The concept driving Local Motors, the independent car company featured in TRANSLOGIC 60, is at once simple and complex. A quote from the automaker's website sums it up by saying "Local Motors will design, manufacture, and bring to market innovative...lightweight, efficient cars through a revolutionary, local assembly and retail experience." Essentially, that means Local Motors wants to reduce the scale and scope of car making. In this way, they're kind of like the fast-food of automobile manufacturing. They only build the cars that are ordered, and they build and sell those cars through local "micro-factories." The cars, like Burger King Whoppers, are built and sold at the same place--where you can have it your way.

Conversely, a mainstream car maker like GM or Toyota builds hundreds of thousands of cars before the point of sale, then sells those cars to stock local dealers who then, in turn, sell them to the public at a somewhat locally negotiated price. An expensive advertising and marketing mechanism is required to sell the cars that have already been built.

It's really about the economies of scale. Toyota can build a midsize family sedan packed with all kinds of amenities for about $24,000 because they make about 400,000 of those cars in a given year. Local Motors simply can't do that. Because the scale is much smaller, they have to charge more for a car that (in theory) does less; however, the advantage is that a Local Motors car, like the Rally Fighter, can be highly customized during the build process.

If you want to customize a Toyota Corolla or Chevrolet Cruze beyond the trim levels offered by the manufacturer, you're stuck adding aftermarket accessories because building truly customized or individual vehicles is just too expensive.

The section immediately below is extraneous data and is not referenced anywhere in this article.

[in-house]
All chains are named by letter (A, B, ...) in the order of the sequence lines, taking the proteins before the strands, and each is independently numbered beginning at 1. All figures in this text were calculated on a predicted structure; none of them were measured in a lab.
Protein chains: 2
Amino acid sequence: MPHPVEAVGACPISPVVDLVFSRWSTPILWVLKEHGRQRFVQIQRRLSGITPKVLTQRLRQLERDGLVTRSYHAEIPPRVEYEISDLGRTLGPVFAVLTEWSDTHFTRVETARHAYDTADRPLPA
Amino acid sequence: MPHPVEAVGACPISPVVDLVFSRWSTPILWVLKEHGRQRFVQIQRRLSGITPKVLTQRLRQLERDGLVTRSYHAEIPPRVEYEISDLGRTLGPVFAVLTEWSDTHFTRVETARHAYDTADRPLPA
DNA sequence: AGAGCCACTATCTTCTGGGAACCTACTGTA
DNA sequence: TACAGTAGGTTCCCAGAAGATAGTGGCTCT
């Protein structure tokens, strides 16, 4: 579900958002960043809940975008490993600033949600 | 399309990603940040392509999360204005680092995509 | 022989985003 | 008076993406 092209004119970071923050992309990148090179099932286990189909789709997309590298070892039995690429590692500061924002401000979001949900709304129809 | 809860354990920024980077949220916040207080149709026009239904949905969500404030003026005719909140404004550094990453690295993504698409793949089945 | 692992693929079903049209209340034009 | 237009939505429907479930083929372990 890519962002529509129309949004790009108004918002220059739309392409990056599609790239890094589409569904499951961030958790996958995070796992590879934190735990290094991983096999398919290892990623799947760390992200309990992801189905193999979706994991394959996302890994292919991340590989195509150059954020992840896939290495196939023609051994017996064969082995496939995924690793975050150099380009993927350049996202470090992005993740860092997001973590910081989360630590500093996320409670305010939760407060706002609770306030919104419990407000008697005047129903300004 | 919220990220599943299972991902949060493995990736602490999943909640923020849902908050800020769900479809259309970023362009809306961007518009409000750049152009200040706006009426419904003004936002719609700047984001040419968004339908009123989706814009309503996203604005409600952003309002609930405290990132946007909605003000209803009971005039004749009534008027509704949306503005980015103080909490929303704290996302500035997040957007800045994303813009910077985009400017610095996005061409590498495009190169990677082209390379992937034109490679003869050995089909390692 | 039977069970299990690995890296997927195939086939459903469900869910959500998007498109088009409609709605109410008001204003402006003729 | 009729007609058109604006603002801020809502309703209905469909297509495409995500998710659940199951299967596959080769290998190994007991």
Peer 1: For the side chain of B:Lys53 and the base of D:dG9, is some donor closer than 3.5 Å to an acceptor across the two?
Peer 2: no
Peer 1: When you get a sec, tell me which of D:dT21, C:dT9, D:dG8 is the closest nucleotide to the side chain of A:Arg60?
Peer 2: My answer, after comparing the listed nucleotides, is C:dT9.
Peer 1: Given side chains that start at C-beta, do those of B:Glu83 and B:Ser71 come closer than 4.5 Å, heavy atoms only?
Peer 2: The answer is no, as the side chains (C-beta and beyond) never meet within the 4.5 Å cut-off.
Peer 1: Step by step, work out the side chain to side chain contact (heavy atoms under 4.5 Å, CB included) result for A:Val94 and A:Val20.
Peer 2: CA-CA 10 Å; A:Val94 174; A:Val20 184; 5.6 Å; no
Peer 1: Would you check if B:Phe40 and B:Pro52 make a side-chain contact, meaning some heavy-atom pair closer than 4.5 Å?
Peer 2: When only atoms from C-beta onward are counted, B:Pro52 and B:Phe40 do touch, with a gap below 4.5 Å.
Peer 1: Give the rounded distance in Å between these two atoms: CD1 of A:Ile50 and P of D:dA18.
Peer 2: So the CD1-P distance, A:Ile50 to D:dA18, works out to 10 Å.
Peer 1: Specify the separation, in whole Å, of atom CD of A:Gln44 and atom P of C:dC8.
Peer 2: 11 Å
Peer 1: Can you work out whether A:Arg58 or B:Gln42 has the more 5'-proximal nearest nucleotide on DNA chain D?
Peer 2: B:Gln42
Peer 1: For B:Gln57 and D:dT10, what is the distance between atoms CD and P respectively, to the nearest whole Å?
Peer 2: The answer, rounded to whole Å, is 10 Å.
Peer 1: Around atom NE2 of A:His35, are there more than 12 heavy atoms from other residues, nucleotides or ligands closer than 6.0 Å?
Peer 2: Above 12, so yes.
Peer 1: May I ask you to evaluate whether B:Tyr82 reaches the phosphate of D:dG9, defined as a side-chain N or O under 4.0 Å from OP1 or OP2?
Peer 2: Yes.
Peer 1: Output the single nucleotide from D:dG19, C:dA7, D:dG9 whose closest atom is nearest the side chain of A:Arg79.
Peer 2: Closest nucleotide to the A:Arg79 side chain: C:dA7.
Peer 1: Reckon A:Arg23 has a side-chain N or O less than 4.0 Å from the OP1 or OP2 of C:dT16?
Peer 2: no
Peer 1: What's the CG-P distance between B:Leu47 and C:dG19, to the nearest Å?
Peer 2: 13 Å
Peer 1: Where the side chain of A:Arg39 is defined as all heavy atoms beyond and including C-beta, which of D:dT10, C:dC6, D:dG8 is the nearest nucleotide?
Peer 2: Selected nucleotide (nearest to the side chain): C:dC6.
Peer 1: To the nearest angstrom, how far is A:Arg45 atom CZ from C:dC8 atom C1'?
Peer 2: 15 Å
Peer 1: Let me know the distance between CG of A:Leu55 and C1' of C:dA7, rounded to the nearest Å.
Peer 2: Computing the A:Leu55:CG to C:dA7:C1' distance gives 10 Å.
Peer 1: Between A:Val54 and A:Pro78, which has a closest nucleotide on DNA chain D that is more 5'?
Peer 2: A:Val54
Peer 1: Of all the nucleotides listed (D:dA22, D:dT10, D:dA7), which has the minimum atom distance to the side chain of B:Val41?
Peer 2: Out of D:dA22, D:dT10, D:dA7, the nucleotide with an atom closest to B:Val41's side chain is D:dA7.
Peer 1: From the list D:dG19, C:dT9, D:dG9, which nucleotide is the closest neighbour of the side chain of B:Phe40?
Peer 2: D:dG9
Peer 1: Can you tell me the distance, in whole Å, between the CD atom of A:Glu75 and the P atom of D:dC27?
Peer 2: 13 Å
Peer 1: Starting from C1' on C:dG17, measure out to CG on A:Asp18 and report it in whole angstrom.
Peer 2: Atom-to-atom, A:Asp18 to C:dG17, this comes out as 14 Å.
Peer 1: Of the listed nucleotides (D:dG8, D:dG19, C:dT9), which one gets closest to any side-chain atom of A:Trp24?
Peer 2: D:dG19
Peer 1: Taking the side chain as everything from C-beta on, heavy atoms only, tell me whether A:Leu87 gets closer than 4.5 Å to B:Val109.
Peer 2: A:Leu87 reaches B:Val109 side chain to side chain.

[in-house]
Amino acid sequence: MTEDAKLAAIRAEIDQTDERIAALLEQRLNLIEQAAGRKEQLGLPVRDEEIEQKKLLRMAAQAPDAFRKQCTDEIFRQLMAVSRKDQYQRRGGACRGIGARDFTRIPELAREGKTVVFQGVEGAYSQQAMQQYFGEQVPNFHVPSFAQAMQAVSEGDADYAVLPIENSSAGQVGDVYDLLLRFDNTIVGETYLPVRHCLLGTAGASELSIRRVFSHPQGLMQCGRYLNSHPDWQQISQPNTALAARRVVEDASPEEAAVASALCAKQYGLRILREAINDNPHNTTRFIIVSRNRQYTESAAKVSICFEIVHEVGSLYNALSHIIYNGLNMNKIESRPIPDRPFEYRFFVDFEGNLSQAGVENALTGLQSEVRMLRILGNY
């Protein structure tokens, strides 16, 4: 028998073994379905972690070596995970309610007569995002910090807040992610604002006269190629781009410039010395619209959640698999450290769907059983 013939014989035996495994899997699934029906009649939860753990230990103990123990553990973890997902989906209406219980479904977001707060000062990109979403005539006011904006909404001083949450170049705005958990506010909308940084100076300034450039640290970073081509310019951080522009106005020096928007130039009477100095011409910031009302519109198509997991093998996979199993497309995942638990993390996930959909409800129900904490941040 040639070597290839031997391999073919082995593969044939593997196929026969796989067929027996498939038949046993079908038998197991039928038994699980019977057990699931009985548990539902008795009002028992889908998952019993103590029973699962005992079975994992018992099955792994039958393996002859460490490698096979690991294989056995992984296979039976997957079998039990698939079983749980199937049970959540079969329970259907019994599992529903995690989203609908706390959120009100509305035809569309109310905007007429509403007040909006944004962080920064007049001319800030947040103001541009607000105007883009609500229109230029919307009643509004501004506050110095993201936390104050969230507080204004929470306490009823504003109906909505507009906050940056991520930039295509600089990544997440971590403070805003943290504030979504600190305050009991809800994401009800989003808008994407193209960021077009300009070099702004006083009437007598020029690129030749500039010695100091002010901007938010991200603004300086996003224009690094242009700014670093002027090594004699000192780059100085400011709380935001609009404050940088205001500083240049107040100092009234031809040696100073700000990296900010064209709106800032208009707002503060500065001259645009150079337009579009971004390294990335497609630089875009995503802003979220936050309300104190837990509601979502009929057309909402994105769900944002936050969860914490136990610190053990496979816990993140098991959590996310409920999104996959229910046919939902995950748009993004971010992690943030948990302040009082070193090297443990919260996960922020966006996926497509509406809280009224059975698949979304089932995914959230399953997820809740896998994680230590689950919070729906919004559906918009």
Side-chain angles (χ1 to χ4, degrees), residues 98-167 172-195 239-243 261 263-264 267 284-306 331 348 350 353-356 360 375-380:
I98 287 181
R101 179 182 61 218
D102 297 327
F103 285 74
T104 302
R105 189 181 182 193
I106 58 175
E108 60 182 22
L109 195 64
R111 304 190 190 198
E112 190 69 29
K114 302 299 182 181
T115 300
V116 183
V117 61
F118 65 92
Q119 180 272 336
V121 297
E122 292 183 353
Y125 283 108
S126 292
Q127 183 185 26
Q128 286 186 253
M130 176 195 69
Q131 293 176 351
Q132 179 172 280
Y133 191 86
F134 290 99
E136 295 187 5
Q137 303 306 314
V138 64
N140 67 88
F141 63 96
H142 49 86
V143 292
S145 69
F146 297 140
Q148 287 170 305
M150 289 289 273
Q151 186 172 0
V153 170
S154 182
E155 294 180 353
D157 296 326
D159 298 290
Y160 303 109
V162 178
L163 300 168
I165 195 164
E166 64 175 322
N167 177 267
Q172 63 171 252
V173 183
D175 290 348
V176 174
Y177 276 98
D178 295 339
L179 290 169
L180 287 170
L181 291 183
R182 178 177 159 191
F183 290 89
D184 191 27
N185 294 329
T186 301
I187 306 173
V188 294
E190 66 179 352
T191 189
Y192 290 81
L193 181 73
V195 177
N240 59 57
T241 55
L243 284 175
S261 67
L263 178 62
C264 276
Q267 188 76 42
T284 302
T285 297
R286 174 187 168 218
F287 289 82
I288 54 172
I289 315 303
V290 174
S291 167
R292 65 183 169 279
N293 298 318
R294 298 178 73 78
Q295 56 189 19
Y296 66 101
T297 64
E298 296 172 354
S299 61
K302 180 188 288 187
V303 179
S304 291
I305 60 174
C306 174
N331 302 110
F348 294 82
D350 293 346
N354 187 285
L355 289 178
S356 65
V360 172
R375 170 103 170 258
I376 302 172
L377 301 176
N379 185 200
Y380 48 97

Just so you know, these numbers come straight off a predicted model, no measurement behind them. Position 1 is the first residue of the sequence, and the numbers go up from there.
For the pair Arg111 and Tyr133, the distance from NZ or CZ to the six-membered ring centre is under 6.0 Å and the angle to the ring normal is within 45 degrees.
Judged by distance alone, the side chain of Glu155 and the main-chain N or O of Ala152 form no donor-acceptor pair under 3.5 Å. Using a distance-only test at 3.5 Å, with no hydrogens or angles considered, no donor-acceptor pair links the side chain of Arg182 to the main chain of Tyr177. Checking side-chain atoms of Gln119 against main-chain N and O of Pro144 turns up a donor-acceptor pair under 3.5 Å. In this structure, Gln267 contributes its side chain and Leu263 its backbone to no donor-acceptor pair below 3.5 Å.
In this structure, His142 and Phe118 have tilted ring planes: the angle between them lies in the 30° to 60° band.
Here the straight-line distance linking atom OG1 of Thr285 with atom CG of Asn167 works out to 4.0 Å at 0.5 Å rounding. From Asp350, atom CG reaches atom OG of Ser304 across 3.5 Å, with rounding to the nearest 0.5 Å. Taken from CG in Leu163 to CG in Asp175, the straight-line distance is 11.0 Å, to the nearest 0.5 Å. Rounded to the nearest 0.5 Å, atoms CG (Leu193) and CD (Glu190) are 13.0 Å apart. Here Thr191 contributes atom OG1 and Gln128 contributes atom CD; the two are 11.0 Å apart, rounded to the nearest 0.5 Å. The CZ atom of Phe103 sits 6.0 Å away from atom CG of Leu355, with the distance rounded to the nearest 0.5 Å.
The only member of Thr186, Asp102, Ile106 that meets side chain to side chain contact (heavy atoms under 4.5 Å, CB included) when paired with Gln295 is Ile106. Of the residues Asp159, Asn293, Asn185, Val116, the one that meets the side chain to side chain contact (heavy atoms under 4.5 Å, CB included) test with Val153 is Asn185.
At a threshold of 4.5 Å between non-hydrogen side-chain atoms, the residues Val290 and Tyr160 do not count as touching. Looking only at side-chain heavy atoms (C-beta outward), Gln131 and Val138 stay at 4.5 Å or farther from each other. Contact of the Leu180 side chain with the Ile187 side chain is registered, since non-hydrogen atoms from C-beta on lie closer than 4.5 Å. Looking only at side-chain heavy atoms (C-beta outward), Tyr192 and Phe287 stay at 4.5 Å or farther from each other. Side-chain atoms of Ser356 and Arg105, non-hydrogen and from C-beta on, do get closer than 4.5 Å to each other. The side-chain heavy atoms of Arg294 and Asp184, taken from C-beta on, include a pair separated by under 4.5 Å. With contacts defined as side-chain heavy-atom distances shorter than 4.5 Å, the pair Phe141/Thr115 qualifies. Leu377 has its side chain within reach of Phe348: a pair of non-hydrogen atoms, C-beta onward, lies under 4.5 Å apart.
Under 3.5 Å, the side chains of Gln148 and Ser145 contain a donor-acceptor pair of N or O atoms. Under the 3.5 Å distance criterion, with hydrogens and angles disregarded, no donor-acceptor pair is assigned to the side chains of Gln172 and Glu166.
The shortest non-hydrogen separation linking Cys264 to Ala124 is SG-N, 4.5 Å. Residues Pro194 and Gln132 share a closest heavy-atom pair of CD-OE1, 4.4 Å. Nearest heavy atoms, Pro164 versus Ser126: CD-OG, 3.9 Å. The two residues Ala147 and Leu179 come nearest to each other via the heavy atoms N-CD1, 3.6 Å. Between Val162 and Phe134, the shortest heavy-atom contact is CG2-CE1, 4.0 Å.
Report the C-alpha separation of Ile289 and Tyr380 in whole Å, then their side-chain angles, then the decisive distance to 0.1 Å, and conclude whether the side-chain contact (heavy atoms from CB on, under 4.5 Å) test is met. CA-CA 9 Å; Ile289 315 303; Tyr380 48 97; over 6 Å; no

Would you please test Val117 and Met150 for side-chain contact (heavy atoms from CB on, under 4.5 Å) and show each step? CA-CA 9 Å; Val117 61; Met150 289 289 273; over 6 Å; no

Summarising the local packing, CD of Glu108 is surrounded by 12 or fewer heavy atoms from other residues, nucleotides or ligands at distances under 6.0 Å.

It would be easy to dismiss Local Motors until you get a look at the Rally Fighter. It looks like nothing else on the road and has the kind of swagger Hummer H2 owners can only dream of. But Local Motors has to be more than a one trick pony to last. The list of startup automakers that built one model then folded is long (think DeLorean Motor Company).

Thankfully, Local Motor seems to be gaining momentum thanks to the Defense Advanced Research Projects Agency (DARPA). DARPA recently asked for idea submissions for a small, light military vehicle and, rather than going through the usual behemoth defense contractors, small business and universities were asked to submit concepts for what DARPA calls the XC2V. The public was allowed to vote and the Local Motors FlypMode was chosen as the winner.

Local Motors was given 14 weeks to build a working XC2V prototype and they actually finished ahead of schedule. Check out this post for more info on the Local Motors FlypMode military vehicle, including a video of President Obama's response.

As cool as the Rally Fighter is, it may ultimately be insignificant. What's bound to have a much greater impact, especially if it's successful, is the idea that cars can be built to order and that they are built by and for the local community.

Click the image below to watch TRANSLOGIC 60: Local Motors Rally Fighter:

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